A team led by Prof. Dr. Tobias SchÃ¤tz, Professor of Atomic and Quantum Physics at the Physics Institute of the University of Freiburg, Dr. Pascal alarm clock, Fabian Thielemann and colleagues show magnetic Feshbach resonances between a single barium ion and lithium atoms at a temperature close to absolute zero. The researchers found that the expansion of the ion and the atoms can be controlled depending on the strength of the external magnetic field. âAt these ultra-cold temperatures, the collisions between the particles reveal their quantum mechanical nature,â explains SchÃ¤tz. “Our research has shown that we are learning a little more about the possibilities of controlling the quantum mechanical properties of the wave-particle duality.” The group published its results in the journal nature.
Quantum effects dominate at ultra-low temperatures
In classical physics, the molecular formation of atoms and ions usually slows down as the temperature drops, until it finally becomes so cold that the individual particles stop and no collision or reaction can take place. The laws of quantum physics predict, however, that at ultra-low temperatures, quantum effects dominate rather than classical laws and that the collision of atoms and ions suddenly follows different rules. In the quantum range, where the so-called wave-particle dualism prevails, an ultra-cold temperature – just above absolute zero of -273.15 degrees Celsius – leads to an increase in collision rates. Because the particles can no longer be described as colliding spheres, but as wave packets that overlap, reinforce or cancel each other like water waves.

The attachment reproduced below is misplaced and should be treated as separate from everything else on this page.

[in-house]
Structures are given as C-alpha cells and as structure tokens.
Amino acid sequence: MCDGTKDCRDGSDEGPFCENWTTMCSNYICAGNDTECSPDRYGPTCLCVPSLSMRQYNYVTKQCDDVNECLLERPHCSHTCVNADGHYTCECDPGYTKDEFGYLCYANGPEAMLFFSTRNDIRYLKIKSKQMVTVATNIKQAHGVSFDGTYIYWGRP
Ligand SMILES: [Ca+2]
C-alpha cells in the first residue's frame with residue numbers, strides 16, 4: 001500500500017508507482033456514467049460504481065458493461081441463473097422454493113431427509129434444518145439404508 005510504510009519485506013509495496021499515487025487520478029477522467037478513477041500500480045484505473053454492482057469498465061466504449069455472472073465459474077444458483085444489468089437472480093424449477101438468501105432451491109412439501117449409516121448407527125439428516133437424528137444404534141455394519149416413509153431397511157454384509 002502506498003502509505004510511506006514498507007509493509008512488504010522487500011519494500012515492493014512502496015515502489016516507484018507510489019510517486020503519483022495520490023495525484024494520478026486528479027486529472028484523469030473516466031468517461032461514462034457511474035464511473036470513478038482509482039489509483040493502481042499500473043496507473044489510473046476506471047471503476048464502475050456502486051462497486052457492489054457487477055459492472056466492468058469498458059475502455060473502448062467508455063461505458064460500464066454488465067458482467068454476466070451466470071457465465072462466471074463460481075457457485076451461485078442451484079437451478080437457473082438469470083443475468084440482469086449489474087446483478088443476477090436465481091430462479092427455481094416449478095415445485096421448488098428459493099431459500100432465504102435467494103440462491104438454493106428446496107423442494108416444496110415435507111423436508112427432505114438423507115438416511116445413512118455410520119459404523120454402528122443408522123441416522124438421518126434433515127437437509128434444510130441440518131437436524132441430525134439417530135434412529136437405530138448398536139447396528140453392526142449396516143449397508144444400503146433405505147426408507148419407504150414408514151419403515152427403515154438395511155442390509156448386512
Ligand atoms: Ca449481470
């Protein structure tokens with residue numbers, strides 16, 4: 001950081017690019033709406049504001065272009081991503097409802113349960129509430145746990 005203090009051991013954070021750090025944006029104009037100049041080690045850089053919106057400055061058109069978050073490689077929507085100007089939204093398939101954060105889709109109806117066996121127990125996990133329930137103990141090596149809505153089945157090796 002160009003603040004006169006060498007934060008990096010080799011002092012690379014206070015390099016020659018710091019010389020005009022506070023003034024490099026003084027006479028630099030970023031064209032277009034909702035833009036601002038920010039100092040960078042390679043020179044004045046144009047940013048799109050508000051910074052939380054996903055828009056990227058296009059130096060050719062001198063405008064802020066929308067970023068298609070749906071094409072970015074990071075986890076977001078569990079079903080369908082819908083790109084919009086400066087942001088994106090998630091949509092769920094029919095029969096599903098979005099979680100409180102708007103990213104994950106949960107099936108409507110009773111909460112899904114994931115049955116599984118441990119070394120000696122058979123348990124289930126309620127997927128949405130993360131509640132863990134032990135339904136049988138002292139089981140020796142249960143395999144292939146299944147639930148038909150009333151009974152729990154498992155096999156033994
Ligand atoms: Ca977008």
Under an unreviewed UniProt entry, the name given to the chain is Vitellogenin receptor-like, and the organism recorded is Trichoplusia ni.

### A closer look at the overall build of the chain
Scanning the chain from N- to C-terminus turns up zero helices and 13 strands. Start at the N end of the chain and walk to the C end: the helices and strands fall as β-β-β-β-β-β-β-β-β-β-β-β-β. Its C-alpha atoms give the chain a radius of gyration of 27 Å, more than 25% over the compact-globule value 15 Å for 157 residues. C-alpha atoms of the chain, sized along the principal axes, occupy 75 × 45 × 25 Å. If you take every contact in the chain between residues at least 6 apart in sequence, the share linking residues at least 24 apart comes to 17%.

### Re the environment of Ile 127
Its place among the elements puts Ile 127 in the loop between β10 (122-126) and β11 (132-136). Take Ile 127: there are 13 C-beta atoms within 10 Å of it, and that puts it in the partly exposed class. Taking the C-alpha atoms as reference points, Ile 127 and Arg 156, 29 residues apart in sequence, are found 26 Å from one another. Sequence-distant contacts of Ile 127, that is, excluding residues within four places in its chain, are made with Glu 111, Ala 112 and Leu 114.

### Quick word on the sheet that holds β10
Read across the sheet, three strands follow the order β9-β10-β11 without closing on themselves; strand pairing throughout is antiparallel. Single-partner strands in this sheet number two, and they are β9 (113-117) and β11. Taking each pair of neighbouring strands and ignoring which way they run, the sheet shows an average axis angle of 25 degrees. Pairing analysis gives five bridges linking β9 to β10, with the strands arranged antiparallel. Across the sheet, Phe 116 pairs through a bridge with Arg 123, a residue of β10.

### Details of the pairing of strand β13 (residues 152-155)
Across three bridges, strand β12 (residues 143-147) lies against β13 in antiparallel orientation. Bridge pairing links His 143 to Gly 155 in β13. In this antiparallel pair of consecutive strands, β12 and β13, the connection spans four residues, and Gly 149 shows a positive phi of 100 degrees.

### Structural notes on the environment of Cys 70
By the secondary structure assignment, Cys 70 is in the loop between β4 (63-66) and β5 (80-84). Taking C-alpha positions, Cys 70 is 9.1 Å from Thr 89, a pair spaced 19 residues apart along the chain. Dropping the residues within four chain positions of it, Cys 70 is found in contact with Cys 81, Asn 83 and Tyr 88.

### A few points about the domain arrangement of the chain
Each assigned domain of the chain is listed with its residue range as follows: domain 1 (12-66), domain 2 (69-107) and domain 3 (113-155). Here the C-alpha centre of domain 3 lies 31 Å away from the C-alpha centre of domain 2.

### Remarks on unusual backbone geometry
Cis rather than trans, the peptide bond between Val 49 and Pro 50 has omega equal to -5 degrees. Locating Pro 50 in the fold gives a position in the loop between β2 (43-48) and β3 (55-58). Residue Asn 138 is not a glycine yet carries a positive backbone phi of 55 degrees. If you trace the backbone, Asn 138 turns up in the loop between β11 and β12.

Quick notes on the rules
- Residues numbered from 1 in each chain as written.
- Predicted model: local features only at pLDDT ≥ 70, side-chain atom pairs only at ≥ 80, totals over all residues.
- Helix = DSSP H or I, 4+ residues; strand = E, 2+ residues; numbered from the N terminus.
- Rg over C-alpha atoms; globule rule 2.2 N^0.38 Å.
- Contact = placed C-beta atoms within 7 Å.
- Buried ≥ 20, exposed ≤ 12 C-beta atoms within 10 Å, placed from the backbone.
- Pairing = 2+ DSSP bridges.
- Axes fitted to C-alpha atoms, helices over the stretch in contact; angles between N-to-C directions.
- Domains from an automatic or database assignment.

Feshbach resonances despite stronger interaction
The superimposition of the waves creates resonances, which the Freiburg researchers investigated. âAmong other things, we found Feshbach resonances between barium ions and lithium atoms by controlling their interaction processes with the help of a magnetic field,â says SchÃ¤tz. Feshbach resonances have already been demonstrated when slow atoms collide. However, the research group succeeded in doing this in a significantly different regime of the strong interaction that prevails due to the charge of the ion. In addition to magnetic fields, the scientists used ultra-high vacuum and light cages in their laboratory to isolate the laser-cooled atoms and ions.
âBasic research on quantum mechanics is increasingly leaving the laboratory and entering the real world. By studying the effects under idealized conditions in the laboratory, we can better understand them and use them in a targeted and extensive manner – from curiosity and the perspective of controlling and increasing the efficiency of chemical reactions to the search for new ways of charge flow in solids, âsays SchÃ¤tz.
“Quantum Science and Technologies on the European Campus”
Prof. Dr. Tobias SchÃ¤tz is a member of the steering committee of the international doctoral college “Quantum Science and Technologies at the European Campus”, or QUSTEC for short. In spring 2019, the European Commission approved the application for funding the program in quantum science on the European Campus (EUCOR). In addition to Freiburg, the universities of Basel and Strasbourg, the Karlsruhe Institute of Technology (KIT) and the research department of the IT group IBM in Zurich are involved. The program funds a doctorate for 40 quantum researchers; the universities involved will offer a further 40 doctoral positions. It runs for five years and is funded with 9.1 million euros. 4.2 million come from the EU, the rest from partners and other donors.
Weckesser, P., Thielemann, F., Wiater, D., Wojciechowska, A., Karpa, L., Jachymski, K., Tomza, M., Walker, T., Schaetz T. (2021): Observation of Feshbach Resonances between a single ion and ultra-cold atoms. In: nature. DOI: 10.1038 / s41586-021-04112-y
Prof. Dr. Tobias SchÃ¤tz
Institute for Physics
University of Freiburg
Tel .: 0761 / 203-5815
E-mail: [email protected]
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